Friday, July 12, 2013

Pineapple-Coconut Rice in the Rice Cooker

There are some foods that we taste that instantly transport the mind to a different time or place, or awaken a certain emotion or feeling within us. For me, pineapple is one of those foods—when I taste pineapple, it automatically brings SUMMER to mind!  And summer means warmth, freedom, beaches, pools, kids, playtime, and relaxation.  At least, ideally.  It at least means freedom from alarm clocks!

But, back to the pineapple.  I absolutely love the flavor of this strange, prickly giant fruit. This summer, instead of just cutting the pineapple up and eating it plain (which is definitely delicious!!), I've decided to try and incorporate it into dinner dishes more often.  Pineapple lends itself so well to being heated—whether it's cooked, grilled, or boiled, it's a fabulous burst of sweet flavor that everyone will savor! (And yes, I rhymed that on purpose!)  Pineapple pairs well with another summery, tropical flavor—coconut.  I experimented with basic coconut rice recipes and added all sorts of colors to the rice until I achieved what I am terming "summer deliciousness". Yum!  Just a warning though: many of the measurements in this recipe are vague and "to taste".  You can't really go wrong, so just experiment!

Pineapple-Coconut Rice

Since I use a rice cooker, the liquid ingredients are vague and should be adjusted according to your preference and/or method of cooking.

2 or 3 cups dry Jasmine rice
1 (13.5 oz.) can of coconut milk
2-3 TBSP shredded unsweetened coconut
½ tsp coconut oil
pinch of salt
1 (or more, if desired) cups of pineapple, cut into small cubes
½ cup (or to taste) peas (frozen is okay)
½ cup (or to taste) red bell pepper, cut into small cubes

Rinse the rice in the rice cooker and add the coconut milk.  Add enough water to cook the rice properly (this will vary depending on how much rice you are making. A good tip for a rice cooker is the "pinky rule": the liquid should reach to about one segment of your pinky finger above the rice. If you are cooking the rice on the stovetop, stick to a 1:2 ratio of rice to liquid).  Stir in the shredded coconut (to taste), coconut oil, and the pinch of salt. Start the rice cooker.

About halfway through the cooking (approximately 10 minutes), add the peas, pineapple, and bell pepper to the rice cooker and stir gently.  When the rice cooker is done, fluff and stir the rice gently again or transfer to serving dish. Enjoy!

The pineapple and coconut flavors pair really well with curries or seafood dishes (if you eat fish/shellfish).

Check out this simple recipe for basic coconut rice and create your own version! Share your ideas with me!

Wednesday, January 16, 2013

Quick Poppin' Post

This is just a quick post to tell you about the popcorn pin I saw on Pinterest that really works and you should try! I only tried this because my kids were begging for a different snack for their lunch boxes, and they suggested popcorn.  Now, they meant the super-ultra-buttery kind you pop in a red-and-white bag, of course, but I was willing to meet them halfway and give this post from One Good Thing By Jillee a try. All you need are a bowl (glass or ceramic), a plate (again, glass or ceramic), and some popcorn kernels.  No oil, no butter, no nothin'.  Oh, maybe a microwave, sorry.  My friend told me today that she learned in Kindergarten that inside each kernel of popcorn is a drop of moisture, which makes the kernel explode when it gets heated.  So why "They" try to sell us popped corn doused in butter, oils, and salt when none of those are needed to pop the corn is a mystery to me.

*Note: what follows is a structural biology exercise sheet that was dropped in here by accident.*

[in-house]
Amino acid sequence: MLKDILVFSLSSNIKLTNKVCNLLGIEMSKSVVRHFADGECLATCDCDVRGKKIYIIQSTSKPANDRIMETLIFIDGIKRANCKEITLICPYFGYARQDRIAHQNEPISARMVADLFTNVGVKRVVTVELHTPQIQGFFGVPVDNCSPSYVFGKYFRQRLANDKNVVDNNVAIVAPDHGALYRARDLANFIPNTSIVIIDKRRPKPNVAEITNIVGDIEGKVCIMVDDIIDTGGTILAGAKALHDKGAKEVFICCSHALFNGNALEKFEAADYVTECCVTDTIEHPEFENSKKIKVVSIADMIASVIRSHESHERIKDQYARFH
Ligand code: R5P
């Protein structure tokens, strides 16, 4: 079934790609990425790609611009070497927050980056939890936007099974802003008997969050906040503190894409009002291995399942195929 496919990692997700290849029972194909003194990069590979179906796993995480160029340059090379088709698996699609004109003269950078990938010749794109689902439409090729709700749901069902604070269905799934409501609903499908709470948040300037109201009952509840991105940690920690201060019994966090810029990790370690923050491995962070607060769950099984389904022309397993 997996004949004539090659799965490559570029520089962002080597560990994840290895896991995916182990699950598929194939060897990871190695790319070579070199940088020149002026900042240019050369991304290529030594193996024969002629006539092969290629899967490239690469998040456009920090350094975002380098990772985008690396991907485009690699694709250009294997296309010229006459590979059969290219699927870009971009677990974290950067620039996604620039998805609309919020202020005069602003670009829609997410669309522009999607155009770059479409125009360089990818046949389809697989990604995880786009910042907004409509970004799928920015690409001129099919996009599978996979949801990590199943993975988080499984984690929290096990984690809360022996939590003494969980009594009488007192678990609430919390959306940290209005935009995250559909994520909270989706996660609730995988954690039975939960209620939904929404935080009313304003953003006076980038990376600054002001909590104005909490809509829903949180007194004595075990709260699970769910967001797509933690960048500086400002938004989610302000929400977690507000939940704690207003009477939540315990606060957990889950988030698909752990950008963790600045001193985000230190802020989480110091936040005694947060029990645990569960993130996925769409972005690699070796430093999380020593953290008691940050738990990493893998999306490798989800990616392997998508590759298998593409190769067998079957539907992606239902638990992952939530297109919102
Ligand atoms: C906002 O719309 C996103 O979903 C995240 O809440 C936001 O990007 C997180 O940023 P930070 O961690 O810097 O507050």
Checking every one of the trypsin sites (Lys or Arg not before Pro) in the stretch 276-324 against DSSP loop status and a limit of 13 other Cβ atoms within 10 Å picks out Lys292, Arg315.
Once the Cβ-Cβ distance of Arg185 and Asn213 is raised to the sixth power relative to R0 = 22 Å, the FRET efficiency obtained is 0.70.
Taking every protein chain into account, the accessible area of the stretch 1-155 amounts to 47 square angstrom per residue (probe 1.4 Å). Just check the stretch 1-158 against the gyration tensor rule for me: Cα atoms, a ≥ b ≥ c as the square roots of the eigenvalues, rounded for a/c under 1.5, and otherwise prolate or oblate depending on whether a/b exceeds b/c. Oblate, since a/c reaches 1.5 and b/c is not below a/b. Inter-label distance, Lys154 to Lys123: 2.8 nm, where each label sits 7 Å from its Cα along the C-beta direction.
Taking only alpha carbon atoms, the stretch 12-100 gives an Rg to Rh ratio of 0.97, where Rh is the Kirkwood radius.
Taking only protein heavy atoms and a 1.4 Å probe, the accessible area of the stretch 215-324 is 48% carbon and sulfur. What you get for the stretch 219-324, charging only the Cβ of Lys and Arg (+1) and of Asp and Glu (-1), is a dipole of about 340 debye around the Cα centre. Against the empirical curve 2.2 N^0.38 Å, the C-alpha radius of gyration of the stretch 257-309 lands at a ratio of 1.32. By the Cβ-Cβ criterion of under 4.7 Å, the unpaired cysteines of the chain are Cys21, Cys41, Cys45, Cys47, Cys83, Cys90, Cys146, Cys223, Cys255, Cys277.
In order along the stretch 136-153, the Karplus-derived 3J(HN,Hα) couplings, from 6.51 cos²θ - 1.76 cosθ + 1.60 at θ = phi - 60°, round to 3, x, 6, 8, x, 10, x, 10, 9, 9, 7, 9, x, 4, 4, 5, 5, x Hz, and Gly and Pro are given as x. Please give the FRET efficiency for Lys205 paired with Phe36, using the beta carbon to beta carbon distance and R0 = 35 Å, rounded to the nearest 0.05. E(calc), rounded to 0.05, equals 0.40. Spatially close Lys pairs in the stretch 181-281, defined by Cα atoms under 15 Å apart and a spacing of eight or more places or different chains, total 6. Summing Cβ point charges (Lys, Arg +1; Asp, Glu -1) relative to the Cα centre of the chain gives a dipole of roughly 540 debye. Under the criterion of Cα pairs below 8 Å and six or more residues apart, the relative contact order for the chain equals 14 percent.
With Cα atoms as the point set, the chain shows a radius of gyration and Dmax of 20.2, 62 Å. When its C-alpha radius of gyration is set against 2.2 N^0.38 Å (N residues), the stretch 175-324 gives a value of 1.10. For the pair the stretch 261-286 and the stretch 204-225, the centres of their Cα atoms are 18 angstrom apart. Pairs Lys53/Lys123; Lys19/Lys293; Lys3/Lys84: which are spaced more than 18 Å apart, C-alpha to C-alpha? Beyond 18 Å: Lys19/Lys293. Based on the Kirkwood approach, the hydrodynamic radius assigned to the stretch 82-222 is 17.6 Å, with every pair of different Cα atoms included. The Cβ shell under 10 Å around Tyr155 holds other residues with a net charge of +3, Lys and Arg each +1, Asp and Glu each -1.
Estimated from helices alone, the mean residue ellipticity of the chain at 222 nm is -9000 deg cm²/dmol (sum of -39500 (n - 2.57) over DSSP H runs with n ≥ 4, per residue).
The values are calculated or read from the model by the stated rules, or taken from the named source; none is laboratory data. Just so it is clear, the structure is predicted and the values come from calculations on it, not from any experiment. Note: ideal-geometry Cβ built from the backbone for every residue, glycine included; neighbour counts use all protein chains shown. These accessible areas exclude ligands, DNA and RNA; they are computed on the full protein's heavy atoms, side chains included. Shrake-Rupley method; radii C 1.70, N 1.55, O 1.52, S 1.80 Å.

Microwaved popcorn ingredients: bowl, plate; kernels.
Here is all you need: a bowl, some popcorn kernels, and a plate that fits snugly on top of the bowl.  Cover the bottom of the bowl with a layer of kernels (some people try to give you a specific measurement—don't bother.  My microwave is tiny, so I used a small bowl.  Yours may be huge, and you may use a very large bowl.  Just experiment; it isn't difficult). Fit the plate on top (snugly).
Fit plate snugly on top of bowl
Set the timer on your microwave anywhere from 2 to 3 minutes.  Since my bowl was rather small, I worked in 2-minute increments.  Jillee says to microwave the kernels for 2 minutes, 45 seconds.  Since there isn't any oil in there, the kernels won't burn as quickly—although they WILL burn if left to go too long.  The end result is a nice bowl of tasty popcorn, sans oil, butter, salt, or fats. Yum!
VoilĂ ! Popped corn!!
Easy, tasty, and totally possible to drizzle melted butter over if the mood strikes.  A bag of popcorn kernels is cheap ($2.50-ish for a 28-oz bag of organic kernels at Trader Joe's), takes up very little space, and will pop LOADS of popcorn.  Excellent snack for in kids' lunch boxes—especially if you keep it free of butters and salts.  Excellent snack for your own lunch box too!

So there you have it… my quick post about POPCORN.  Dirty microwave and all. =)
I have two more posts to write (but not tonight)—one about last night's dinner (slow cooker quinoa-red lentil soup), which was a big hit, and another one about tonight's dinner (goat cheese and leek pie) which was a HUGE hit.  However, you'll have to wait a while… I broke my arm/wrist and typing is laborious, especially at night (although I did get a pretty funky purple sparkly cast out of it).  It makes the blood rush into my hand, which is unpleasant. Sorry!

Friday, January 4, 2013

Moroccan Potato, Carrot, and Chickpea Stew

*Disclaimer*: I am NOT a food photographer.  I take decent pictures of landscapes, but I'm finding that I'm a total failure at taking good pictures of food.  Maybe one day I'll figure out how to set up a good composition on my own table, but for now my focus is the food. =)